Something weird is happening in crude oil: It’s not going down on bad news.
Last night the American Petroleum Institute reported energy stockpiles rose by 629,000 barrels, versus an estimated drop of 3 million barrels. Numbers from the Energy Department were even worse today, showing a growth of almost 6 million barrels. Remember, more supply should be bad for prices.
But after an initial swoon, crude oil futures (@CL) clawed higher and remained in the range around 67 that’s emerged this week. Technicians may also notice @CL is stabilizing near the same 100-day moving average where it bounced in June.
To break it down quickly, here are the bullish and bearish cases for oil.
First, the negative: The Trump Administration. In late, June the commander-in-chief got the Saudis to increase production in effort to depress prices. Last week, news reports said the U.S. might release oil from the America’s strategic reserve for the same purpose. And, on Monday, his Treasury Secretary Steven Mnuchin made vague comments about letting Iranian crude reach U.S. refineries.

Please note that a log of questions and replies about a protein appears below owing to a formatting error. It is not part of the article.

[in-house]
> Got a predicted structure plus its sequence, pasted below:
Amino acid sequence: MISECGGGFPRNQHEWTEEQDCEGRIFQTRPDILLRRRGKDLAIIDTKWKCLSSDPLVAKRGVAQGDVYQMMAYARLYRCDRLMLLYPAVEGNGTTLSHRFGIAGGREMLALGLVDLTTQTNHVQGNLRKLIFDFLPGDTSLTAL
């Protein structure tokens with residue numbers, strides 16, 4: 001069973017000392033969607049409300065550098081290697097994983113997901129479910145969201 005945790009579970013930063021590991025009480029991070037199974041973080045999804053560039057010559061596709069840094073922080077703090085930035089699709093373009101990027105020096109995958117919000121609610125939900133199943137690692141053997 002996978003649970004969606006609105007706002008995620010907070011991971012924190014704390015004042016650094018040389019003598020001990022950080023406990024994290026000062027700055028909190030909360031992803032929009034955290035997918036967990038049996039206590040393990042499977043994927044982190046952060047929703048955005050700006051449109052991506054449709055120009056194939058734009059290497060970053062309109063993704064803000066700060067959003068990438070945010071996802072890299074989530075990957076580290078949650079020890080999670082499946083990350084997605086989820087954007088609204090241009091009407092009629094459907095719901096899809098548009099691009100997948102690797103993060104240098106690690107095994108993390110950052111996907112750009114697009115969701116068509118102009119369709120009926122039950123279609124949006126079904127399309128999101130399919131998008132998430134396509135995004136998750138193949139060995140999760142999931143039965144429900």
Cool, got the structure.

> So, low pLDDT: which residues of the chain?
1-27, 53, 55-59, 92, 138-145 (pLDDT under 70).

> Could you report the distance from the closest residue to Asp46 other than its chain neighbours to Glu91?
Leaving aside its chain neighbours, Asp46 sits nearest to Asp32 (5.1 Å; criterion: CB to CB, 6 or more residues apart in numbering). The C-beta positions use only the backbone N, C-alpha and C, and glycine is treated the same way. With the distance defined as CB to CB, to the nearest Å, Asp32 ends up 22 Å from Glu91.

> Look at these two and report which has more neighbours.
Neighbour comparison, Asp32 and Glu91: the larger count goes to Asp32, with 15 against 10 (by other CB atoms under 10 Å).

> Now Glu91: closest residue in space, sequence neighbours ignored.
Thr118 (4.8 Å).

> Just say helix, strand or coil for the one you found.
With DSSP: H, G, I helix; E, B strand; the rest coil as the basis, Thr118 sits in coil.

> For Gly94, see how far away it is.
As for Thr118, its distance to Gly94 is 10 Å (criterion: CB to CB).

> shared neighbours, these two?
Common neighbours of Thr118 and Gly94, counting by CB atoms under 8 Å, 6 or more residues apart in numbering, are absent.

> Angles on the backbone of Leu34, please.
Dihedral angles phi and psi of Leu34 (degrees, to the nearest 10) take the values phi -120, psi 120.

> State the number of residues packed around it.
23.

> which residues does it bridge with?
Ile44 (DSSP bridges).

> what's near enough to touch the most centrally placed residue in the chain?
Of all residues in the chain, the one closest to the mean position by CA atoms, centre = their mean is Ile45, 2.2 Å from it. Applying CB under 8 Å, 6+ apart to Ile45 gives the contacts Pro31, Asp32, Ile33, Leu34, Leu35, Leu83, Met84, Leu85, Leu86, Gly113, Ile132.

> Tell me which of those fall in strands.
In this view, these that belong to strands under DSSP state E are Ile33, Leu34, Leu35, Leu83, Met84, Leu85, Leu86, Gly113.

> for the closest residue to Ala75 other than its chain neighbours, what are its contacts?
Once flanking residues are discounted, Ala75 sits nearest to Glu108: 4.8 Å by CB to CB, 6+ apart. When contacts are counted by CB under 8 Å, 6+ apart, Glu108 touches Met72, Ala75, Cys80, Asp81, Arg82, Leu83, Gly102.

Maybe it’s a cynical view, but an observer might conclude that politicians were simply trying to keep a lid on gasoline prices during the summer driving season.
But now that they’ve managed to push oil lower, investors may refocus on the positives. The main issues for commodity watchers have been the strong economy and relative lack of excess capacity — especially amid issues in Venezuela and Libya. Then you have the White House’s decision in May to reimpose sanctions on Iran, which removes supply from the market.
The middle eastern country may be another catalyst today because Tehran just announced progress on nuclear centrifuges. That’s exactly the kind of news that may aggravate the U.S. Administration. (So far, there seems to be no response from Washington.)
In conclusion, this isn’t a recommendation and everyone needs to do their own homework. But crude oil’s been on the rising for legitimate reasons, and now be stabilizing at a level where trend followers could take interest.